Red Cross makes bread from butter ads

Charity sees profits in joint campaigns, writes Paul Rodgers
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The Independent Online
Advertising supremos Martin Sorrell and the Saatchi brothers, Maurice and Charles, face a new challenge today from an unusual quarter - the Red Cross.

The international charity is breaking into the cut-throat world of advertising with an audacious plan to sell space on one firm's packaging to promote a second company's brands.

The first two to hit supermarket shelves go together as naturally as bread and butter. Hovis loaves with ads for Anchor spreadable butter are scheduled to make their joint debut this weekend.

The butter company is paying pounds 100,000 over the next two months for space on 20 million bread bags donated to the Red Cross by British Bakeries, the country's second largest baker.

The advantage for Anchor is that its target market matches exactly with Hovis customers. Similarly priced ads elsewhere might well be seen by people who buy little or no butter.

The organisers say British Bakeries will benefit too. Its sales are expected to increase as consumers switch to Hovis because they want to support the work of the charity.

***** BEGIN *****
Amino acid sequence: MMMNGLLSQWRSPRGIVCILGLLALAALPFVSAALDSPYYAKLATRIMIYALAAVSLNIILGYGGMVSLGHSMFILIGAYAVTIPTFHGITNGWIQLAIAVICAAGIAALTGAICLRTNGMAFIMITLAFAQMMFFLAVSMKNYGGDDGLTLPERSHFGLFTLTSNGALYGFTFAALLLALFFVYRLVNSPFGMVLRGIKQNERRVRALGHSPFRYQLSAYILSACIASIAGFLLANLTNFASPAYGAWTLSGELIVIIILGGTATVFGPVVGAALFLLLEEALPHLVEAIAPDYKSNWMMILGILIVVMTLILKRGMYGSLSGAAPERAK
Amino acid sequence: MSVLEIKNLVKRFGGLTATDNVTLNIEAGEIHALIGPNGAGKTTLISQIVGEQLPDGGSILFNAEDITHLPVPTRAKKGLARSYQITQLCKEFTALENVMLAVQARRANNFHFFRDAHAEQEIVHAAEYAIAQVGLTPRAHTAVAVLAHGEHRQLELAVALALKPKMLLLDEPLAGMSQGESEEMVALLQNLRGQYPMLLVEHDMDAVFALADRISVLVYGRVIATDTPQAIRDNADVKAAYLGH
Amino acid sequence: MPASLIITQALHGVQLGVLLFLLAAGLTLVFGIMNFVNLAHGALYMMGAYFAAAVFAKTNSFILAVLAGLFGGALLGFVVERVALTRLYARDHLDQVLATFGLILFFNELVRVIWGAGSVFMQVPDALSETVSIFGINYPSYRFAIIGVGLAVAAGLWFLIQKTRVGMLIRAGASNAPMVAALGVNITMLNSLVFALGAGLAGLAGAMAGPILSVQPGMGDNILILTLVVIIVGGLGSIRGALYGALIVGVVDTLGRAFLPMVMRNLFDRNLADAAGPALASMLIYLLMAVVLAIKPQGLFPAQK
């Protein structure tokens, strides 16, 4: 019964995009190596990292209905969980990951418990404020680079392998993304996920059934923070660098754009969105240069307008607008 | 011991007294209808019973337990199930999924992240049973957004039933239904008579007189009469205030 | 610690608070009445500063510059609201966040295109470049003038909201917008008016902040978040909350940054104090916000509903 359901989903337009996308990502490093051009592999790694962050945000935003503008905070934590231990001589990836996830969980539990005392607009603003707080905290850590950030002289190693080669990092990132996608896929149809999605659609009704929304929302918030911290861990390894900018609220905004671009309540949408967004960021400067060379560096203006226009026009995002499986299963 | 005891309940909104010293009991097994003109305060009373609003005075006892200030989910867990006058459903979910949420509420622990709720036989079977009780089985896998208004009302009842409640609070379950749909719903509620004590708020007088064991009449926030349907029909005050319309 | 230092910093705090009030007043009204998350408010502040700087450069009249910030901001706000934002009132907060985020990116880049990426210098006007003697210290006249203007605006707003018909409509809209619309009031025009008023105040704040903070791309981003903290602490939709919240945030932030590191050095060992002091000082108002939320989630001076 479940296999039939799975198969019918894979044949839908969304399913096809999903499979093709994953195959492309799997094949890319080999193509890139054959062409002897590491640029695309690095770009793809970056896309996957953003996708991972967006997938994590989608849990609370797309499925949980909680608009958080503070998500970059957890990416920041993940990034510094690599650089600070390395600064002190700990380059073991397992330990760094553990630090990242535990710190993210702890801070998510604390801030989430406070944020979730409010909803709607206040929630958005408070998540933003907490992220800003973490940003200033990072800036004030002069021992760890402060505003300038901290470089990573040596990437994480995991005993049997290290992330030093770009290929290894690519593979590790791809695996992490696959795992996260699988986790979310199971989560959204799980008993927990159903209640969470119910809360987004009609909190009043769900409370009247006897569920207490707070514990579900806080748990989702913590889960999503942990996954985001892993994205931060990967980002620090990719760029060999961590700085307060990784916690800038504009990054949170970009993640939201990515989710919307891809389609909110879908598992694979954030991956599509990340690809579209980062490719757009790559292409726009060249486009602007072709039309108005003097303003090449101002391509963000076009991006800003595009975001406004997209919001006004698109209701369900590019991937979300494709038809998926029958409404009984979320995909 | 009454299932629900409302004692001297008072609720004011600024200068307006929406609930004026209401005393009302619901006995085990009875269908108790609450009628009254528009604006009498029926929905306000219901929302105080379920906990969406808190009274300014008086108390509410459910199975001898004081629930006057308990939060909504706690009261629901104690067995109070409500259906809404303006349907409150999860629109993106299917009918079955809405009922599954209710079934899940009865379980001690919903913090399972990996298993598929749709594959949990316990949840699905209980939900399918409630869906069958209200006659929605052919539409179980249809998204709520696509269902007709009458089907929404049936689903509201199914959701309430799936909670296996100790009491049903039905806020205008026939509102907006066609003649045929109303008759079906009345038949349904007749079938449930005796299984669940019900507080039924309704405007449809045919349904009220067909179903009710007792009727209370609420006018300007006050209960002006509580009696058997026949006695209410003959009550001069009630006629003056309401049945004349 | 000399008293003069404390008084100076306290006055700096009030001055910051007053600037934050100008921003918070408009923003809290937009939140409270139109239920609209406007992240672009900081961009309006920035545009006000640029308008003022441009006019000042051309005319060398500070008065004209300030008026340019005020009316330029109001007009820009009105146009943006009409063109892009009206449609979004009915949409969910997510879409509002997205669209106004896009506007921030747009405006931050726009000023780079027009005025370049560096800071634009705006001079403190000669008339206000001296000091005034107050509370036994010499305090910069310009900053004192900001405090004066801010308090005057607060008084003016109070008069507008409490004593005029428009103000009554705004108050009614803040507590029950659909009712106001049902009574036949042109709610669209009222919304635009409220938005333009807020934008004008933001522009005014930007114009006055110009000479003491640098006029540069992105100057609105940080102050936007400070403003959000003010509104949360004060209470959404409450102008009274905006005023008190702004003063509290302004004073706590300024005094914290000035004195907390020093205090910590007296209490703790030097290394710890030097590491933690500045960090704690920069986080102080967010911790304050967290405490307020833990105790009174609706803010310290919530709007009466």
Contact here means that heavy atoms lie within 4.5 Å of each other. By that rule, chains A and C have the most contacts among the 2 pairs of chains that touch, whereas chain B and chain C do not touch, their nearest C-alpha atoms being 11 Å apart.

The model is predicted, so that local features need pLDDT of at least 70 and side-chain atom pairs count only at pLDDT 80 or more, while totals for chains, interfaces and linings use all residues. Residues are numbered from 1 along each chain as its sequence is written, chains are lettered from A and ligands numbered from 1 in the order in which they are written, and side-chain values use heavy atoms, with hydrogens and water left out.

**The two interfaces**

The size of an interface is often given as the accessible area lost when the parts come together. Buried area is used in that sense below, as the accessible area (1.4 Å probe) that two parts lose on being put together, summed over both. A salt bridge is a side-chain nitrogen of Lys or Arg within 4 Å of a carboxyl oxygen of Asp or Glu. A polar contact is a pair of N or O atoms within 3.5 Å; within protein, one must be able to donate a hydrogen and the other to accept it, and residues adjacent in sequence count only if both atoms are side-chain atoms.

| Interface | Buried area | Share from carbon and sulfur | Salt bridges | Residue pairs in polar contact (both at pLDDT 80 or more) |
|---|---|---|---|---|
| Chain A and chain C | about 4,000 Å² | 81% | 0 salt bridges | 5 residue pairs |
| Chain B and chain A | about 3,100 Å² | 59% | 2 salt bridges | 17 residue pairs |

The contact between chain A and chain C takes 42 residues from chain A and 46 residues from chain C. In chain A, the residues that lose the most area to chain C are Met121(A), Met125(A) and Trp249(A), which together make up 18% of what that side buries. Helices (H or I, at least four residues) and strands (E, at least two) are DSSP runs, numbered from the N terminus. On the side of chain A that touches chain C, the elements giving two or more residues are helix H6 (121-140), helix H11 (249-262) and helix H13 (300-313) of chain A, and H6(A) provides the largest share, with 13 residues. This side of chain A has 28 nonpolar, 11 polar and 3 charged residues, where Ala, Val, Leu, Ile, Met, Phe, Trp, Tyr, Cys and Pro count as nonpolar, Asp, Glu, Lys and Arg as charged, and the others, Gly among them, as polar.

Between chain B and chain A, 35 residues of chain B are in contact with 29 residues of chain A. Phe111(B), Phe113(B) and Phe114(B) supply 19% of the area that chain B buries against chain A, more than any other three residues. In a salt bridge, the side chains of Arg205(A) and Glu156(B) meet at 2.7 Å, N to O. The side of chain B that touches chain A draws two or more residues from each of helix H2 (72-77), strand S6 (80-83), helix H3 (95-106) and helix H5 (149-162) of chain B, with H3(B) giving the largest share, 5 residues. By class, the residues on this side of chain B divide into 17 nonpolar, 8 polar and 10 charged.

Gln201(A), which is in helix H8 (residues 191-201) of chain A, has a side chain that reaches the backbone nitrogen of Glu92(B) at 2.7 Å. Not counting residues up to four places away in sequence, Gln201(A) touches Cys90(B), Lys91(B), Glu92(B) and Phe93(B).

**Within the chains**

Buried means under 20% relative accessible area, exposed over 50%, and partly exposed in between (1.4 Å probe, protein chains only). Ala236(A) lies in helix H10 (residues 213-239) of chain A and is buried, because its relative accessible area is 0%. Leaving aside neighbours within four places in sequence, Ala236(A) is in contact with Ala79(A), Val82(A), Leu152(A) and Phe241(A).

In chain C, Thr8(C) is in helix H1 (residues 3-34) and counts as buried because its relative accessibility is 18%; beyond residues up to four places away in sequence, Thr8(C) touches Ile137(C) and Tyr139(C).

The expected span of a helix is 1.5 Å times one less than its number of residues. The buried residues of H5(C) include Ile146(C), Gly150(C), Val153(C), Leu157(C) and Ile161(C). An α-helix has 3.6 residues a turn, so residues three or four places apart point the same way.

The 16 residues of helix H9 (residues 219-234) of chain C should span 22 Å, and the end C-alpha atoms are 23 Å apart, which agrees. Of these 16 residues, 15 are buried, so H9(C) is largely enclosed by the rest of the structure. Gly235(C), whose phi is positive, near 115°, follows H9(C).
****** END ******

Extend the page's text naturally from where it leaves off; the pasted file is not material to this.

Negotiations currently underway could see other combinations, such as ads for SmithKline Beecham's NightNurse on Kimberly Clark's Kleenex tissues and Nike trainers featuring on Pepsi Max cola cans. Up to 50 other companies are thinking of participating.

The danger for the Red Cross is that commercial ad agencies will follow its example and try to muscle in on the potentially very lucrative new medium.

Cross-promotion of products has been done for years, although the participants rarely pay cash for the use of each other's space. More typically, the advertiser will pay for additional ads pushing both brands in traditional media.

Although orchestrated by the Red Cross, the campaign will not see the organisation's distinctive logo on any of the packages. Under the Geneva Convention, it cannot be used to endorse products.

To get around the legal barriers, the International Federation of Red Cross and Red Crescent Societies has set up a wholly owned subsidiary, HelpAd, to handle the transactions. It has its own logo, a stylised red hand with the word "Help" in it.

The idea was thought up by consultant Bob Doyle while he was working for a peace organisation in Northern Ireland. Next year he hopes to raise pounds 7m to pounds 10m in the UK. Mr Doyle hopes that within the next couple of years the programme could be raising up to 10 per cent of Red Cross budgets in developed countries.

Three-quarters of that will remain with the local Red Cross, while the remainder will go to the international organisation. The money will give both groups more flexibility than cash raised through individual appeals. Money gathered specifically for rebuilding Bosnia, say, cannot be shifted to emergency flood relief in China.

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